BISMARCK, N.D. — A local hobby photographer and a Lt. Col. George Custer "living historian" will team up Dec. 5 to recreate a well-known photo of Custer using the popular photography process of the time.
Shane Balkowitsch has been doing that type of photography for about a year. He was approached by Steve Alexander, a Custer re-enactor, about recreating what Alexander felt was Custer's most famous photo.
The photo shows Custer in profile, wearing his full military uniform, with his arms crossed. It was taken by a photographer who took photos of a number of major war figures, but later died penniless.
Balkowitsch, CEO of Balkowitsch Enterprises Inc., an online retail company, started to teach himself wet plate photography, as the older process is known, after seeing a photo done that way online.
Wet plate photography, also called the collodion process or ambrotype, involves a glass plate — coated with specific chemicals and then in silver nitrate — placed into the camera, which is then exposed to light. The plate is developed in a dark room and creates a very high quality black and white image.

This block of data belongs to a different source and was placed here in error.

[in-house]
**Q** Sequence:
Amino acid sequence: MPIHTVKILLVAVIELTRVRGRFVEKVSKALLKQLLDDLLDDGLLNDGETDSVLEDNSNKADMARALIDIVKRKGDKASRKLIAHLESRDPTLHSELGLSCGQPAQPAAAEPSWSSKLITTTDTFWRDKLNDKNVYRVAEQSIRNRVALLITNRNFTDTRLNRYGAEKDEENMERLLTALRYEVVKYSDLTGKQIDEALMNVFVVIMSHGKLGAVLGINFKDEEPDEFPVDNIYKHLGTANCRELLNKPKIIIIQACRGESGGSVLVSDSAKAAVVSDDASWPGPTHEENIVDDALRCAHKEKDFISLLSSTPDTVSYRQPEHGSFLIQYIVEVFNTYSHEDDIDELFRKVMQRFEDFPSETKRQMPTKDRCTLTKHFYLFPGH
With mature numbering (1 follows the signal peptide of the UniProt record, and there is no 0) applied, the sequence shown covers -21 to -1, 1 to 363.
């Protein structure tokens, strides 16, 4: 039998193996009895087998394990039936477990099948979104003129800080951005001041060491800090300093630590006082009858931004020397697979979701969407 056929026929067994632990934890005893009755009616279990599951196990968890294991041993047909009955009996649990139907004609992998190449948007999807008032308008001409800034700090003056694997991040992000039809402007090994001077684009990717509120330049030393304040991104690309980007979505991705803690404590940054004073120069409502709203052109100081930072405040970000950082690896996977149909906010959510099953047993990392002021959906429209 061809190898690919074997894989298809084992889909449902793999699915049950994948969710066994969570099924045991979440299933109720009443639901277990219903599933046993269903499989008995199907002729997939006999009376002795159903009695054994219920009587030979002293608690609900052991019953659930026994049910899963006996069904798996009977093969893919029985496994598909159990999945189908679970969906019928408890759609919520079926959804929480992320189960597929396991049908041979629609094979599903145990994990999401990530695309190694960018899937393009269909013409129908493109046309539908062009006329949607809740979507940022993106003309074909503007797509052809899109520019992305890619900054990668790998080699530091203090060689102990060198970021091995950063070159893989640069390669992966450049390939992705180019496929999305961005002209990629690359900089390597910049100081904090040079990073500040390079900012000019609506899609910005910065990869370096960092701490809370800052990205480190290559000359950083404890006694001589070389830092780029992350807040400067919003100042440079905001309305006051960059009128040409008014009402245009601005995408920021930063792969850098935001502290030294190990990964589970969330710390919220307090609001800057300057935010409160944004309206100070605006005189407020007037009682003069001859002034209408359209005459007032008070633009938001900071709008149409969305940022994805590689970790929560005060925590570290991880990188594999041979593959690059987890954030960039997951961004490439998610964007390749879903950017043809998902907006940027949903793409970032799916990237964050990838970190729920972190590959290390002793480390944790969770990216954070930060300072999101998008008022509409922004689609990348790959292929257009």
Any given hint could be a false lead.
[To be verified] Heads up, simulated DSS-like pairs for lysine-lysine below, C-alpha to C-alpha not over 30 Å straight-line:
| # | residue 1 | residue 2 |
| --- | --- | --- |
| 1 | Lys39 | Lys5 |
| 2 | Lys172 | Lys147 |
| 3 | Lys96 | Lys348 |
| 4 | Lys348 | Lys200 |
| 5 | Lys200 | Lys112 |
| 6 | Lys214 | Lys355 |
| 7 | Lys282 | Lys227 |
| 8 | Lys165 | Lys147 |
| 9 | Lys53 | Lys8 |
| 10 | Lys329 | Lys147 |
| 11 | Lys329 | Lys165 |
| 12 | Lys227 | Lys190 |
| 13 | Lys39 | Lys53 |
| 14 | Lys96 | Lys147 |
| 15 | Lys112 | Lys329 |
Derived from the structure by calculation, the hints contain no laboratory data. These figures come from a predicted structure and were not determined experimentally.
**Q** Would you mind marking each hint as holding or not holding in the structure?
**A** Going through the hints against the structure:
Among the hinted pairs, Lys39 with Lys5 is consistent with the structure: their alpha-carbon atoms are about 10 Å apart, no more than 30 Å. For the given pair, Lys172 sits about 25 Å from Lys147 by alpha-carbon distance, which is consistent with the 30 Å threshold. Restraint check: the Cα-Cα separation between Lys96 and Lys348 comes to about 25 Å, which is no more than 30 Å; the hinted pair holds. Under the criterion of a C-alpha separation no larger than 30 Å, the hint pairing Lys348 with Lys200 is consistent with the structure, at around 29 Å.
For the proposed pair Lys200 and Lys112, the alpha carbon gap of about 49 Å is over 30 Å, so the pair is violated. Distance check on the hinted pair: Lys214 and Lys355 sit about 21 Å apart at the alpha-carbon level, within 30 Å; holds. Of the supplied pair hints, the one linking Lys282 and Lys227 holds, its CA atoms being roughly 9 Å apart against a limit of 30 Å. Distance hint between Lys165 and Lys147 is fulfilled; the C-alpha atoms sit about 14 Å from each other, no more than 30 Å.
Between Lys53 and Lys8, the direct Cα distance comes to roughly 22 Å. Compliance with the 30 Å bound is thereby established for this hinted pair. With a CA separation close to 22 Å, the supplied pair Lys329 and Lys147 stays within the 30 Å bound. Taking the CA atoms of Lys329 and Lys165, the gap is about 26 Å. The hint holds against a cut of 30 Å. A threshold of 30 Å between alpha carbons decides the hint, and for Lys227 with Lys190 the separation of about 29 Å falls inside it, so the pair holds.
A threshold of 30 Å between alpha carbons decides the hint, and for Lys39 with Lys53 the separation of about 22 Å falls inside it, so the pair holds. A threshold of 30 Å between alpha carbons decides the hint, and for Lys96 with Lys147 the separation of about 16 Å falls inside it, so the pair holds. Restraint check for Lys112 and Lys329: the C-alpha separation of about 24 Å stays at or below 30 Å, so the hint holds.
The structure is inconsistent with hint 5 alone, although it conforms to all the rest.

"We wanted to recreate a photo from 1865 using the process of 1865," Balkowitsch said.
The images, since they are coated in silver, don't degrade and hold up remarkably well, Balkowitsch said.
Custer is known for his "last stand" at the Battle of the Little Bighorn in 1876. He also possessed a rather large ego, Balkowitsch said, having many photos taken of himself at a time when they were not easy to create.
Balkowitsch called Custer "one of the most photogenic people of the 19th century."
The most difficult aspect of recreating the photo likely will be the lighting, Balkowitsch said. When the photo was taken in 1865, it was likely done outdoors for the natural sunlight. However, Balkowitsch and Alexander will use artificial light.
Wet plate photography isn't a process used much anymore. The North Dakota Art Gallery Association has chosen Balkowitsch for a yearlong traveling exhibition, which will appear across the state.
"It's just a very fabulous process," Balkowitsch said. "I'm just so excited."
Reach Hannah Johnson at 701-250-8251 or firstname.lastname@example.org.